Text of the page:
"But she answered him, "Yes, Lord; yet even the dogs under the table eat the children's crumbs." And he said to her, "For this statement you may go your what; the demon has left your daughter." - Mark 7:24-30
It's interesting how being labelled something by others can be interpreted in different ways with various connotations. If I were to tell one of my male friends, "You're my dog," he would take that as a term of endearment, a sign of our friendship and mutual loyalty. It definitely would not fly with my fiancee. If a woman calls a man a dog, it's probably because he's got a reputation for carousing and chasing after any woman that gives him attention. And then there's a whole other term for dogs of a particular gender that people use negatively that I won't even mention.
When you consider the context and time of Jesus' day, dogs weren't the lovable creatures that we let lick our faces and shed fur on our carpets. They were generally viewed in a negative light. Paul refers to Judaizers in Phil. 3:2 as "dogs, mutilators of the flesh," while Rev. 22:15 places dogs outside the City of God with "sorcerers and the sexually immoral and the murderers and idolaters, and everyone who loves and practices falsehood." (Maybe all dogs don't go to heaven after all?) So for Jesus to look this woman in the eye and infer that not only her, but her daughter and all who shared her ethnicity were dogs had to have been insulting, shocking, and discomforting.
There's always limits to what we'll be willing to do for certain things in life. I recently came back from bachelor party and had an awesome time playing golf, eating decadent food, and hanging out with old buddies. However, all the fun in mid-90 degree weather led to dehydration and exhaustion where on the last day, I woke up physically ill with a fever and various other problems that don't need to be described here. Was it a fun bachelor party? Absolutely. Would I do it again? Absolutely not. There's only so much abuse we're willing to take in order to receive or enjoy something.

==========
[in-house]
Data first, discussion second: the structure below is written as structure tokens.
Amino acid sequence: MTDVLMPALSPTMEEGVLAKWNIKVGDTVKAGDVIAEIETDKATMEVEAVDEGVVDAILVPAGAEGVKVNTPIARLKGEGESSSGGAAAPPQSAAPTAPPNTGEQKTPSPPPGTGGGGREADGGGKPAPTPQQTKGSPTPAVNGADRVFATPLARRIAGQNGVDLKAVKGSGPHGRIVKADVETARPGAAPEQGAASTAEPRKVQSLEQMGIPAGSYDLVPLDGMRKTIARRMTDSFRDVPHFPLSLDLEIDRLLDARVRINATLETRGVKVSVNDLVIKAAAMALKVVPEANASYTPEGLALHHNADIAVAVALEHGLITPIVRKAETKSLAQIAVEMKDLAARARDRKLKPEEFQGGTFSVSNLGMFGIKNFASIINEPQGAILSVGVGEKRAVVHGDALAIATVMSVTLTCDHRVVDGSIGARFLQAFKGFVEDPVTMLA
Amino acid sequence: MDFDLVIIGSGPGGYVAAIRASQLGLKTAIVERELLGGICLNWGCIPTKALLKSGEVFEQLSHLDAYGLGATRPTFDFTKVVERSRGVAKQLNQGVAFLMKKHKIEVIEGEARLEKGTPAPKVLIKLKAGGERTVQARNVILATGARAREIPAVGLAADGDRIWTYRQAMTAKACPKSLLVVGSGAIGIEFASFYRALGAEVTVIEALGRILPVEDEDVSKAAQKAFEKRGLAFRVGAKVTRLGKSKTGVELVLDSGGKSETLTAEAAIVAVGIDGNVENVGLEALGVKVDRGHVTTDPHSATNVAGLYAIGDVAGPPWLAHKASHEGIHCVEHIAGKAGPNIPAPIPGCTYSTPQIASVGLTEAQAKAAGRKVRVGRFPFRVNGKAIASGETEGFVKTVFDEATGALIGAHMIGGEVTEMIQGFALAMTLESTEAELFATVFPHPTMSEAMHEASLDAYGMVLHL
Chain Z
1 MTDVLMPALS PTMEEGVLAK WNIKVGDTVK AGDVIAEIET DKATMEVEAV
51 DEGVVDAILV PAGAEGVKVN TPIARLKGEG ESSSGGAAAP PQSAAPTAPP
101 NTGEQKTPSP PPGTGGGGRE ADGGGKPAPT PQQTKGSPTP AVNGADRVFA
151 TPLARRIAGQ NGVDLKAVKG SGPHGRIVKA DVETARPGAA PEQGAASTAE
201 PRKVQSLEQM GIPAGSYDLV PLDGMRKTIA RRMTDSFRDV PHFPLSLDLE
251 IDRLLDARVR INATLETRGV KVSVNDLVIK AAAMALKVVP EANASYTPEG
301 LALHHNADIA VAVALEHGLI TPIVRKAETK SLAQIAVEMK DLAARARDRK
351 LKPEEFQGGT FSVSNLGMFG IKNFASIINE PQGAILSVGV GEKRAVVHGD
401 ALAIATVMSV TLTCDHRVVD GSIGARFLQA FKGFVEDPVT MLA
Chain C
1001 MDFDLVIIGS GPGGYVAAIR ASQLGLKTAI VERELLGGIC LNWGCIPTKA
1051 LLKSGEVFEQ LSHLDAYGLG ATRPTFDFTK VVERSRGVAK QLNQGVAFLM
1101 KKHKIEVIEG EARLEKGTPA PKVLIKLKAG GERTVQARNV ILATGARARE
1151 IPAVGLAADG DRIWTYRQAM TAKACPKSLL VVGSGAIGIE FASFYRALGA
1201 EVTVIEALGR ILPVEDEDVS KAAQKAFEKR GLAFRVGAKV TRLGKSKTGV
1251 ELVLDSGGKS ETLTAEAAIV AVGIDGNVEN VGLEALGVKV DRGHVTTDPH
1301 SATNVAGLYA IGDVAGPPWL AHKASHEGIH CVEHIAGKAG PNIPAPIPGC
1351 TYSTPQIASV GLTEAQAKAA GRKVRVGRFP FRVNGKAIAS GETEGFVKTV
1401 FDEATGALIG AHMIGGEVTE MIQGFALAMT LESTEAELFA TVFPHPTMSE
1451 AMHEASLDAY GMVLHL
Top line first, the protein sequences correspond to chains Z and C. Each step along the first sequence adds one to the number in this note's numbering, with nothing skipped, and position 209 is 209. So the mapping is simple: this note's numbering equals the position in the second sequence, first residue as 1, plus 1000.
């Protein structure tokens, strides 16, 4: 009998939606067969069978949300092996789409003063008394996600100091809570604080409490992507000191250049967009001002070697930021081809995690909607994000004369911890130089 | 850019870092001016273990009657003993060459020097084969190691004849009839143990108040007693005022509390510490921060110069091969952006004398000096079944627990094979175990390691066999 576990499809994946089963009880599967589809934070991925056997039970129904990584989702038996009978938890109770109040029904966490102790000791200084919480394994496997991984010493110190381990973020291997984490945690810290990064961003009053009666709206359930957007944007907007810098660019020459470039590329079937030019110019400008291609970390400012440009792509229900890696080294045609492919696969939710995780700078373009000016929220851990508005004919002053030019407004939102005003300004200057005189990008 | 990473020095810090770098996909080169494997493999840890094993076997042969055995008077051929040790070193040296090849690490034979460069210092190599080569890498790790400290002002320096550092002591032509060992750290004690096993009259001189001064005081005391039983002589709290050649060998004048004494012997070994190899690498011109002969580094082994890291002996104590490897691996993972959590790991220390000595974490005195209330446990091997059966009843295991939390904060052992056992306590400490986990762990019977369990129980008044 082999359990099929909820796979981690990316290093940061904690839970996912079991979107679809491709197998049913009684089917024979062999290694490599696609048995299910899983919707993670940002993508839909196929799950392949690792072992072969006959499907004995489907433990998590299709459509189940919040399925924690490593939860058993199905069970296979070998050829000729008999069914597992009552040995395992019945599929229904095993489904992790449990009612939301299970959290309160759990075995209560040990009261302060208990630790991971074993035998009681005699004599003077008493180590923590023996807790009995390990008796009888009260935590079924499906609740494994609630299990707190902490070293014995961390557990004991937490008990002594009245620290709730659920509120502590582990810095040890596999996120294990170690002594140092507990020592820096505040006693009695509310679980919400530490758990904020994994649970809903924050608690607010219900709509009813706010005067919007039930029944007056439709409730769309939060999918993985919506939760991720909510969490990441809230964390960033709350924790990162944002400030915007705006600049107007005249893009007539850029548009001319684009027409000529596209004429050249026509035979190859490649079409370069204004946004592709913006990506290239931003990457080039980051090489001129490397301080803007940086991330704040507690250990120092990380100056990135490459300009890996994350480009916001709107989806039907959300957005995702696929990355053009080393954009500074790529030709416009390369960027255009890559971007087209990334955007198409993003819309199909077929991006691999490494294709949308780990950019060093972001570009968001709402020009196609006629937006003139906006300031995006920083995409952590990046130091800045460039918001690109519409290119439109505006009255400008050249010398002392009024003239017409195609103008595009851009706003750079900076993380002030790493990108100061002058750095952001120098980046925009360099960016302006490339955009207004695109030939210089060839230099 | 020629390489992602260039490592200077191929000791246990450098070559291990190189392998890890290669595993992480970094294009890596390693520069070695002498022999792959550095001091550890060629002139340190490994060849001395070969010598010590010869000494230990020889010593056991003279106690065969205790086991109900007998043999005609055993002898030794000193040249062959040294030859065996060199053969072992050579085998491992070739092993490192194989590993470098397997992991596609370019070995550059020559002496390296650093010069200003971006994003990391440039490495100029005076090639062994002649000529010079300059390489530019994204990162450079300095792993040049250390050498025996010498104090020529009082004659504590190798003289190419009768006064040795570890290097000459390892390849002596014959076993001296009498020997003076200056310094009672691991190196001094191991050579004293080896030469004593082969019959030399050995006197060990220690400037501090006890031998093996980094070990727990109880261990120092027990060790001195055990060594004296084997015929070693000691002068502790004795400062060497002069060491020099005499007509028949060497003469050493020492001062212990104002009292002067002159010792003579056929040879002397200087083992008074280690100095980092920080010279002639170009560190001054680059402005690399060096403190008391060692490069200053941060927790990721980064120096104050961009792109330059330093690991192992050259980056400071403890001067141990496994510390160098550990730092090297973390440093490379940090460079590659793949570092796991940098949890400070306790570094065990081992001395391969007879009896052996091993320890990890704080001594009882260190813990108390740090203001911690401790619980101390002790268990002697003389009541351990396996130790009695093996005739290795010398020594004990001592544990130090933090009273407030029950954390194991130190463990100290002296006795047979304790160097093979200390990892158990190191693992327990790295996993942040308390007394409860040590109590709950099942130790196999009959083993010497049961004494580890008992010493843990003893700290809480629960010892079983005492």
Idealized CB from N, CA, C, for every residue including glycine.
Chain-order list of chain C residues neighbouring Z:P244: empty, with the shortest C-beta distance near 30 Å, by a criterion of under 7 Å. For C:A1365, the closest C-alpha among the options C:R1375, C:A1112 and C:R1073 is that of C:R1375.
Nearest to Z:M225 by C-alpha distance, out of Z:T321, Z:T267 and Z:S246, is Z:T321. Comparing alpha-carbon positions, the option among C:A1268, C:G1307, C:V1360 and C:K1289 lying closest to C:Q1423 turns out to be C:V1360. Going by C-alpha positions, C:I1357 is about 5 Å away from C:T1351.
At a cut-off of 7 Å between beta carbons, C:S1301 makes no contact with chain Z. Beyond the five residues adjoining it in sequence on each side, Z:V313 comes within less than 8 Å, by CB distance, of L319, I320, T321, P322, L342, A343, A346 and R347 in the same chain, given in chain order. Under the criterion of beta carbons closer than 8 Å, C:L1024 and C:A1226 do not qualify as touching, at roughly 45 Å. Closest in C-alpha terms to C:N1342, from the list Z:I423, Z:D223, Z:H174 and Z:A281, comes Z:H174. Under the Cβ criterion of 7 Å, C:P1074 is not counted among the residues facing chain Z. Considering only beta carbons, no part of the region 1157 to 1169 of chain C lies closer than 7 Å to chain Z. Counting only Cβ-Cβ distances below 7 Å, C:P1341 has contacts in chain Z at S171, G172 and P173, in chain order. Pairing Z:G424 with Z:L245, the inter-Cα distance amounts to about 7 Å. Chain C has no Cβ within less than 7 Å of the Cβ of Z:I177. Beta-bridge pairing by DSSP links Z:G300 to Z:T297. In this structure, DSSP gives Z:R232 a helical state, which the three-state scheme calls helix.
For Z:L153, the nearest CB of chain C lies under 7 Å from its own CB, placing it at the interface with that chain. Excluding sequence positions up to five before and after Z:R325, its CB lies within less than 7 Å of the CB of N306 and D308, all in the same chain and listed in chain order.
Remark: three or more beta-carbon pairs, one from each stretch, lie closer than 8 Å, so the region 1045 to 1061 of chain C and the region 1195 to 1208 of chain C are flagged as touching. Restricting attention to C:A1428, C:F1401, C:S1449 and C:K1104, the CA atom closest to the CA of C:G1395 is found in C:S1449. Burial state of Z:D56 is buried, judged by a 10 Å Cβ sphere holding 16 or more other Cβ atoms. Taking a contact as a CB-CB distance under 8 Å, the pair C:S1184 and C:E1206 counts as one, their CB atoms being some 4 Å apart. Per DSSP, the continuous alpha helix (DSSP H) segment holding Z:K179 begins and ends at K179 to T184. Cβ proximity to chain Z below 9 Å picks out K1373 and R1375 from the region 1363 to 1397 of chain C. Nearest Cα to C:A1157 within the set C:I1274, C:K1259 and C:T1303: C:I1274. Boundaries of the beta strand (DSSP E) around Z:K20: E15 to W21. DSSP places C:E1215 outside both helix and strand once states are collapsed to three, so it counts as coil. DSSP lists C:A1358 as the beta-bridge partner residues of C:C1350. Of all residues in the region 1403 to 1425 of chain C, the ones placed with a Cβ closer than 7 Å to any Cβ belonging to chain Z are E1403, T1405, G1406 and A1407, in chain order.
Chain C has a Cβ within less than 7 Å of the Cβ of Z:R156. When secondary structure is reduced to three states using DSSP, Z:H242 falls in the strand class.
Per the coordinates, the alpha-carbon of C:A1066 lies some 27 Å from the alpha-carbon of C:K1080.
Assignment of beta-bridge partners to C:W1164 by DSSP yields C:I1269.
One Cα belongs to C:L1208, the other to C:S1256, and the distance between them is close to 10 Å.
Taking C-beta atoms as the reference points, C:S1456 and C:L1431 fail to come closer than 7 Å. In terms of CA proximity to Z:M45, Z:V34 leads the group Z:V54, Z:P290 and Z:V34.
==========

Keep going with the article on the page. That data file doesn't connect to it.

Every time I read this passage, I'm amazed at how quickly the Syrophoenician gets past the insult. In some sense, she's willing to accept it. She'll be whatever Jesus calls her. Because at the end of the day, she knows only Jesus can save her daughter. This is further emphasized by the fact that all she asks is for Jesus to say the word. No request to come with her back to her house to see her daughter. She didn't ask for a lock of Jesus' hair or for Him to bless some water she could sprinkle on her child. Just say the word.
Her faith leads her to a self-forgetfulness. Her desire for her daughter to be saved and healed by the only man who can do it allows her to be whatever it is that people will curse her as. She will suffer the slings and arrows if it means the safety and salvation of her own child. It is a faith that is to be commended and appreciated. A big faith that believed in a big Jesus, that made no demands or placed expectations but simply cried out for help in her desperate and broken situation.
We should celebrate faith that focuses less on saving our own faces and reputations and looks and leans on the one we place our faith in. The church has been seduced and abandoned by many who pledged to follow Jesus until they decided He was leading them too far and things were getting too hard. Spiritual nourishment isn't always found from being seated at the head eating the choicest of fare. The reality is we learn the most when we're ground bound, on our knees, eating whatever falls to the floor.